Flannery O’Connor never saw her fortieth year, but she made sure to leave her mark on literature, especially horror, before she died. One of the founders of Southern Gothic, she suffered greatly from lupus, a disease that also killed her father. This did not stop her from completing two novels and 32 short stories, when not painting and raising peacocks in her hometown of Milledgeville, Georgia. A devoted Catholic, she was known even in her lifetime as a fearless and brutally honest writer who eschewed the fluffy platitudes of contemporary Catholic fiction for a far darker worldview. She was especially interested in the idea of God’s grace (which is always undeserved in mainstream Christian theology) being visited on those humans most resistant to it.
In her stories, the omnipresence of God did not mean the absence of shadows or ravening monsters within them. It is possible that horror’s continued love-hate relationship with Catholicism as the fallback religious position when facing monsters has something to do with O’Connor’s stories. She might have been Eleanor in The Haunting of Hill House, if Eleanor had possessed more brains and gumption.
O’Connor was not without warts. She strenuously denied writing horror, claiming that people saw darkness and grotesquery in her work when she was just being honest and clear, telling reality. Even so, it’s hard to miss that most of her protagonists are “hard-headed” (her words) Protestant evangelical or rational atheist Southerners, who are pretty brutally introduced to the Catholic “Thomist” form of grace and theology that O’Connor espoused. Not to mention that many of her characters were unstable to the begin with. Characters like the ill-fated protagonist of her first novel, Wise Blood (1952), find themselves running like hell from the terrifying prospect of God’s love, sometimes for their entire lives.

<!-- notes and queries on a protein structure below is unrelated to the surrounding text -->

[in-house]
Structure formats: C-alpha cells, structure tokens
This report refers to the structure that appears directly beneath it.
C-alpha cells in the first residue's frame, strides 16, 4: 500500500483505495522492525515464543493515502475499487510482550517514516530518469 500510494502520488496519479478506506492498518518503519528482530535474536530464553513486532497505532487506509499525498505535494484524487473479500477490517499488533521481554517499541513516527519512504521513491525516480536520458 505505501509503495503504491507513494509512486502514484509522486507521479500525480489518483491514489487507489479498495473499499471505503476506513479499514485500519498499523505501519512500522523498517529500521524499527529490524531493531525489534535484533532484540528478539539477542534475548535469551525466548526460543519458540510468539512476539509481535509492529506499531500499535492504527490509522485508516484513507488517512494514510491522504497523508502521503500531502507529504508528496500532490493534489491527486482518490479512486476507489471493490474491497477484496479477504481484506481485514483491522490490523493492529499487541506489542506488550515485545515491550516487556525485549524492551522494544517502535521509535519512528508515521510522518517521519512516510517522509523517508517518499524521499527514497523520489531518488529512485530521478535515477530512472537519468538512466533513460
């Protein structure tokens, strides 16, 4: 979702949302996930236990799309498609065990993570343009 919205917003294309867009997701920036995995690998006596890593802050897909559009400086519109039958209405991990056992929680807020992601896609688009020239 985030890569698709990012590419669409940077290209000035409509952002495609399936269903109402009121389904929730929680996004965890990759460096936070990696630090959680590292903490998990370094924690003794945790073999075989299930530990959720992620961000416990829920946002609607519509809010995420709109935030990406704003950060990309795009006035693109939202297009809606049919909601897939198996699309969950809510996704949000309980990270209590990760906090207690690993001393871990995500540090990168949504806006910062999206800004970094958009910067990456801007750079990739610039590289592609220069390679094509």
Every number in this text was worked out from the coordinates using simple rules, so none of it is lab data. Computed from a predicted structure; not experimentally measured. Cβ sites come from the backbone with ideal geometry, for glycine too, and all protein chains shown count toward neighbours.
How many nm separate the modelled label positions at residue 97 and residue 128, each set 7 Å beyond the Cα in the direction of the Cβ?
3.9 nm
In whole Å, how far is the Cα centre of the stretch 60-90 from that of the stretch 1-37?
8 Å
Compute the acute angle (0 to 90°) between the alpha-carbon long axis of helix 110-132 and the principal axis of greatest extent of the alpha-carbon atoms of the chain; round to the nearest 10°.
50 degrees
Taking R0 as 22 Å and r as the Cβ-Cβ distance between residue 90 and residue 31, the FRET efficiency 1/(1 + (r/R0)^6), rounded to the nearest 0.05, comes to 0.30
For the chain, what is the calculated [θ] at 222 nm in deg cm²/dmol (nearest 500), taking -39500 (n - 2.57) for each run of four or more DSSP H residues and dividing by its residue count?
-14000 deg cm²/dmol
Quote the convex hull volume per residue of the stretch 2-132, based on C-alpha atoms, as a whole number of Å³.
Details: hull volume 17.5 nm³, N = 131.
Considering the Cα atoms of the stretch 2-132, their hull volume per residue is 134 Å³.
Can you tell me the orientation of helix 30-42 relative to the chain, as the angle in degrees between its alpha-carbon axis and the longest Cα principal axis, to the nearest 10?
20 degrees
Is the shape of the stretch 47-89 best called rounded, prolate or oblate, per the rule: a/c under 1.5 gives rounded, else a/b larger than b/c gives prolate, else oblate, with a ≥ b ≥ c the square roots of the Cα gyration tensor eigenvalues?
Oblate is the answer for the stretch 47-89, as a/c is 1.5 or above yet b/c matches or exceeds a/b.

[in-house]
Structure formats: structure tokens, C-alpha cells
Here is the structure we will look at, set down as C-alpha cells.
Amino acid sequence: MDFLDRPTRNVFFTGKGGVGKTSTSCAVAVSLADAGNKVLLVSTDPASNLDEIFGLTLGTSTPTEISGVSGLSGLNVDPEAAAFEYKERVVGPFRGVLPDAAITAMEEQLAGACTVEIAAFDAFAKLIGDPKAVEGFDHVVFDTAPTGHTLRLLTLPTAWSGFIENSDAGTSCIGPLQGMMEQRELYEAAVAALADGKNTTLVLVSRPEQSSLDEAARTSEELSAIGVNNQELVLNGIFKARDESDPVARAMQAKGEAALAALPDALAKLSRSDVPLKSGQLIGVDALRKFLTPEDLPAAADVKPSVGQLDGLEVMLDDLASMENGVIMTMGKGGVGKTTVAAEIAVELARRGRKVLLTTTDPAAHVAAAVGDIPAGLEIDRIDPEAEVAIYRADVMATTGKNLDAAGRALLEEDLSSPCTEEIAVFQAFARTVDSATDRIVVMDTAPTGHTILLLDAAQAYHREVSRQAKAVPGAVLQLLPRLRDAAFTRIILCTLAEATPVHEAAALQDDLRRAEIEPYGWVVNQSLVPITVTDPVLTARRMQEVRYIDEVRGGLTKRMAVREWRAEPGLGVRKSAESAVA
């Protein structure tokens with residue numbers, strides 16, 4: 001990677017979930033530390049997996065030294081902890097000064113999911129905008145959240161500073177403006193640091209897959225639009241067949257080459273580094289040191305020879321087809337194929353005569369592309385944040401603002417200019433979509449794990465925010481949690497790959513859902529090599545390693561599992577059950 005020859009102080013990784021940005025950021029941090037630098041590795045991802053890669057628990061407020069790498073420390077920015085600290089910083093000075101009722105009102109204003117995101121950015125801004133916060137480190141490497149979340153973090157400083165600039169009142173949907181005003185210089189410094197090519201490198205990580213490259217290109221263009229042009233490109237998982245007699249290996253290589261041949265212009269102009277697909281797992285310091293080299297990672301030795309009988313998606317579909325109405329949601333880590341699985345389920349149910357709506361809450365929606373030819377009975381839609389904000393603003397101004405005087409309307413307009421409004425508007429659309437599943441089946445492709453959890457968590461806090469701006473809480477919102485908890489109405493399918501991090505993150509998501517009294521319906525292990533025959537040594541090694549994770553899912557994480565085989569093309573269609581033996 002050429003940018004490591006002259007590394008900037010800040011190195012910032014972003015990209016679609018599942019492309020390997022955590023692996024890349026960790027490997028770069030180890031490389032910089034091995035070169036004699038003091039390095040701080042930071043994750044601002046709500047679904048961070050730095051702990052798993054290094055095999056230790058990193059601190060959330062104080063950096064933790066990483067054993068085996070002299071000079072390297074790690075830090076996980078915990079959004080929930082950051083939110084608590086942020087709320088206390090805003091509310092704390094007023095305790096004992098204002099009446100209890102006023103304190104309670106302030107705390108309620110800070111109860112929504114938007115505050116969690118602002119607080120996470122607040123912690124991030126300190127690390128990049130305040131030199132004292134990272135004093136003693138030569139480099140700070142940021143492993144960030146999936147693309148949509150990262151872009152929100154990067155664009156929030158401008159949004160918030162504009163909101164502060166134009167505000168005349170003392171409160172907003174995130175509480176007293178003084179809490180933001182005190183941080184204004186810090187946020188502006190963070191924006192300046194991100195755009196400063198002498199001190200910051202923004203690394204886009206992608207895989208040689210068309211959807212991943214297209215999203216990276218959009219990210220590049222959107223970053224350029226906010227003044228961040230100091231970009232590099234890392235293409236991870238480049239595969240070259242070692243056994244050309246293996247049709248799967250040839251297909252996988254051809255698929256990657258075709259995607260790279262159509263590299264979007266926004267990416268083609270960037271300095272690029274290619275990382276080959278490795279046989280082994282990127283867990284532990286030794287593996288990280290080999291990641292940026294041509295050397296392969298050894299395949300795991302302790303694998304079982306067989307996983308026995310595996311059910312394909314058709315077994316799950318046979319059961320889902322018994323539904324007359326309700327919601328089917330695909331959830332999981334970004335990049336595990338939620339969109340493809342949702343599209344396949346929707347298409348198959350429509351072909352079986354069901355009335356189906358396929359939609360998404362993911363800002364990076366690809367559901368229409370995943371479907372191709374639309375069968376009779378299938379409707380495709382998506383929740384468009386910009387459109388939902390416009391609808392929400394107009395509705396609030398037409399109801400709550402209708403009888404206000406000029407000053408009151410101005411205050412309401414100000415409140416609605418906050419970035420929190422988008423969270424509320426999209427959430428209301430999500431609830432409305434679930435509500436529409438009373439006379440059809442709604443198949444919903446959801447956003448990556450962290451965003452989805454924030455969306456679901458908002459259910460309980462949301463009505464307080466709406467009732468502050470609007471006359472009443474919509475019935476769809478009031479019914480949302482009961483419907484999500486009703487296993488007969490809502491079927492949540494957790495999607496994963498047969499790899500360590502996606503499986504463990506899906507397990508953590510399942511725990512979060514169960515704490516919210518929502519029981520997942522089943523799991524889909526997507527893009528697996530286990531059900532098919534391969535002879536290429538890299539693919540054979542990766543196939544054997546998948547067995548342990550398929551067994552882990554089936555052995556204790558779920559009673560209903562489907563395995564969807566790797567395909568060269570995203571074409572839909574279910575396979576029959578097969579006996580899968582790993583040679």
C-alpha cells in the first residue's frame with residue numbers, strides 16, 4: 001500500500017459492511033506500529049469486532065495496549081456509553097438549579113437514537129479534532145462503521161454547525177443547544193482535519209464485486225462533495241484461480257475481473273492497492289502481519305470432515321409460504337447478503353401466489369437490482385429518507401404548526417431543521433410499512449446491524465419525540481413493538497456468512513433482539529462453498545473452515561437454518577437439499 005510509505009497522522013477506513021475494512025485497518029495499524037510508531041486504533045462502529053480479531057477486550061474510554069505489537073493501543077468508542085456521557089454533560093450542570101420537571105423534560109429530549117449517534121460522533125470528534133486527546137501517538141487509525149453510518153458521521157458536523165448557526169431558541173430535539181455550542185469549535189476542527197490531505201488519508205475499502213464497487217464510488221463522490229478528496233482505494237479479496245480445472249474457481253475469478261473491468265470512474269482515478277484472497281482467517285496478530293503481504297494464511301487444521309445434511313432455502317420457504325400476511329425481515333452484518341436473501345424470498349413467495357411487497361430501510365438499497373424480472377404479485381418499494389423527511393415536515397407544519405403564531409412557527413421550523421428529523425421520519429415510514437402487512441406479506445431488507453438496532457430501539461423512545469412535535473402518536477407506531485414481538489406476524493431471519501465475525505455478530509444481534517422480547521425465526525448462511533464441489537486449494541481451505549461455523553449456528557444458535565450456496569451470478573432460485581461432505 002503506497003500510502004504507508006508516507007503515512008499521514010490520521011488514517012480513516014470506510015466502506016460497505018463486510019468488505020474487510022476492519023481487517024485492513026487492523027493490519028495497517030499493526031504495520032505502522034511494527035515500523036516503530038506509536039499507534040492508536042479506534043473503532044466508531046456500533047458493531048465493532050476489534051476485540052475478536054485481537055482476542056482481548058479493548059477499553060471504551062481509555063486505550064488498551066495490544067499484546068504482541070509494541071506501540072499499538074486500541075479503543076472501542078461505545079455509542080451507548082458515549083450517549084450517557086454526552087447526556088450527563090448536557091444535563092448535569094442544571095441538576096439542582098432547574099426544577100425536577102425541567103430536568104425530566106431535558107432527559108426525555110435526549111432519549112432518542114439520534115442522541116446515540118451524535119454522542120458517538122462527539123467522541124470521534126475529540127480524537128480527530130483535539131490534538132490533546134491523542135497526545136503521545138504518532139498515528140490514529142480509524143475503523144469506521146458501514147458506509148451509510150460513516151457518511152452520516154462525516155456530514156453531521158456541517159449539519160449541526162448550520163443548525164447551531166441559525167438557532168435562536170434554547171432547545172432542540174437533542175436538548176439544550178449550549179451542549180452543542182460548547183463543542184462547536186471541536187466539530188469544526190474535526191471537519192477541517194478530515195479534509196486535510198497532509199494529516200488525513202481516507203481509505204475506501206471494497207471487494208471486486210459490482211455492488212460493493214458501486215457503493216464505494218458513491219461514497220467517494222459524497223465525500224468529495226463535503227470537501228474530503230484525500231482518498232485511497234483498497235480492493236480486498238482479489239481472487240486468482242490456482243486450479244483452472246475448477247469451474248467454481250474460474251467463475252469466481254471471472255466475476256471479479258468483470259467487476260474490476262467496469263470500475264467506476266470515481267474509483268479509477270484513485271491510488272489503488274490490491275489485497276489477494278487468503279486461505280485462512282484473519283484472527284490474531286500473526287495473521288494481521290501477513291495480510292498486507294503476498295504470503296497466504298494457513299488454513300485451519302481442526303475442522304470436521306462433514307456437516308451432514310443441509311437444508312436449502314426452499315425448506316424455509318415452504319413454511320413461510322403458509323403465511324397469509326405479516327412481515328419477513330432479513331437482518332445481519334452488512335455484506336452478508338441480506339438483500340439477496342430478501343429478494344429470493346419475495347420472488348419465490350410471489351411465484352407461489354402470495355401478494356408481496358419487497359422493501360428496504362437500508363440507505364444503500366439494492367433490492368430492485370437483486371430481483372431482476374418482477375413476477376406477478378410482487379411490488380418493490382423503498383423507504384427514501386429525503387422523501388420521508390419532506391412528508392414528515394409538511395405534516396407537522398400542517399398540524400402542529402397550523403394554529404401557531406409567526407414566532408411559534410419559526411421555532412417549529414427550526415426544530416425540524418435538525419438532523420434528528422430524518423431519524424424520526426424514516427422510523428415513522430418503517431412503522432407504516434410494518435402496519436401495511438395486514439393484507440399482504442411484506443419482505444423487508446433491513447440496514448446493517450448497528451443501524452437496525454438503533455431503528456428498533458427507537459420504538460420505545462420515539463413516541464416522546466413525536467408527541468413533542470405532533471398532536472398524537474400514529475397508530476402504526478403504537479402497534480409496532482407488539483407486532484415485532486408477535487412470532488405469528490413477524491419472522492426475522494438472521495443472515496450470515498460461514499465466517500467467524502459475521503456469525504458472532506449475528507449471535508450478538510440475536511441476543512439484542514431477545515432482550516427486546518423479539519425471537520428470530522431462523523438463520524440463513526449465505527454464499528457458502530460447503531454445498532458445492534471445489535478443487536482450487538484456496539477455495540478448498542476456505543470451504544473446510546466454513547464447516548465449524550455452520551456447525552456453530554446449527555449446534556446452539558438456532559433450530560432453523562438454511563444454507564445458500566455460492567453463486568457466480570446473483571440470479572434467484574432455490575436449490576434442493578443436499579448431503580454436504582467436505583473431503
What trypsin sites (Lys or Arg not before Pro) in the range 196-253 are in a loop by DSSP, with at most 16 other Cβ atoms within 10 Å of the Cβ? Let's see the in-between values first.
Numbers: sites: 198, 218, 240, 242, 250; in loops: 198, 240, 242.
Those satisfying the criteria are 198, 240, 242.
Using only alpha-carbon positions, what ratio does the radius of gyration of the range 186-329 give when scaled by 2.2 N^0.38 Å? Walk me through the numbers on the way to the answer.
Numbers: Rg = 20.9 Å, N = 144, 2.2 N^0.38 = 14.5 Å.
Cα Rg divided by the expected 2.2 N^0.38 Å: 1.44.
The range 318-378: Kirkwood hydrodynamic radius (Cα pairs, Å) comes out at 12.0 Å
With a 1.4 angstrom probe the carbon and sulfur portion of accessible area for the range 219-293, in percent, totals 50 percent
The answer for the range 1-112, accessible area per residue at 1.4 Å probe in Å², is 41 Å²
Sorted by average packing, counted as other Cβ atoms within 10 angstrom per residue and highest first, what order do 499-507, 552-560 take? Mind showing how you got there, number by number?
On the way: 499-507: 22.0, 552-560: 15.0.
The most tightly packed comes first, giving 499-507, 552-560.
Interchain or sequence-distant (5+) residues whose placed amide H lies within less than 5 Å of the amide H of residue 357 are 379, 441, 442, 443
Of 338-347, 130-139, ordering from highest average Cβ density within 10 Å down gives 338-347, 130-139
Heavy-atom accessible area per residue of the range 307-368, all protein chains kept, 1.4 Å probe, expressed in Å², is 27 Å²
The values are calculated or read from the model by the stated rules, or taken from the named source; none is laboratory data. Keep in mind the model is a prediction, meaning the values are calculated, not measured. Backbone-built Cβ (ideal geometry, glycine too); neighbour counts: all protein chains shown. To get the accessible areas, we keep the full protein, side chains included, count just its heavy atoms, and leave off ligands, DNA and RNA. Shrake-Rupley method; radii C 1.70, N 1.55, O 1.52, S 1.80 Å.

O’Connor claimed that she used these characters as examples of how the mustard seeds of grace could fall and flourish on even the hardest ground. Her writing has a distinctly satirical edge, and her imagery is both comical and grotesque. But the stories themselves have a sense of grim retribution for those who don’t believe in her version of Christ…even if the idea is that they all do go to Heaven, once the screaming stops.
O’Connor’s subtext wasn’t all that subtle, but it did lend itself very well to horror, her protestations aside. In her stories, God smacks you upside the head with your place in His creation by making you roadkill. Even though they were poles apart in religious beliefs, O’Connor and Lovecraft had a surprising amount in common when it came to how they perceived humanity’s place in the universe. I wonder what she would have thought of slasher films. Or of The Texas Chainsaw Massacre.
Her most famous horror entry is “A Good Man Is Hard to Find” (1953). In this creepy and almost noncommital short story, a grandmother resents her family going on a roadtrip to Florida. She tries to manipulate them into visiting relatives in Tennesee, instead. In the process, she manages to get them all killed when they encounter escaped killers on the road. It is, to say the least, an exceedingly dark story, whose themes reach both forward and back in the genre. We can see its influence on movies like Deliverance, or even cheap horror films like Wrong Turn. But its roots also stretch back at least as far as Little Red Riding Hood. In this version of that classic story, Grandma gets the whole family killed and the Wolf (in the form of a convicted patricide called “The Misfit”) is left commenting at the end on her stupidity: “She would have been a good woman, if it had been somebody there to shoot her every minute of her life.”
O’Connor was also an early writer of body horror. The grotesque form of the human body was omnipresent in her stories. This happens when you have things like a mummified dwarf being used as the Christ child in a Pietà scene in your stories. Her protagonists suffer considerable physical torment that brings about spiritual transformation. The obsession with this trope was probably a result of her chronic illness being sublimated into ascetic metaphors for Christ’s suffering.
As country western singer Mary Chapin Carpenter once put it, “Sometimes, you’re the windshield. Sometimes, you’re the bug.” In O’Connor’s case, all of her protagonists were the bug.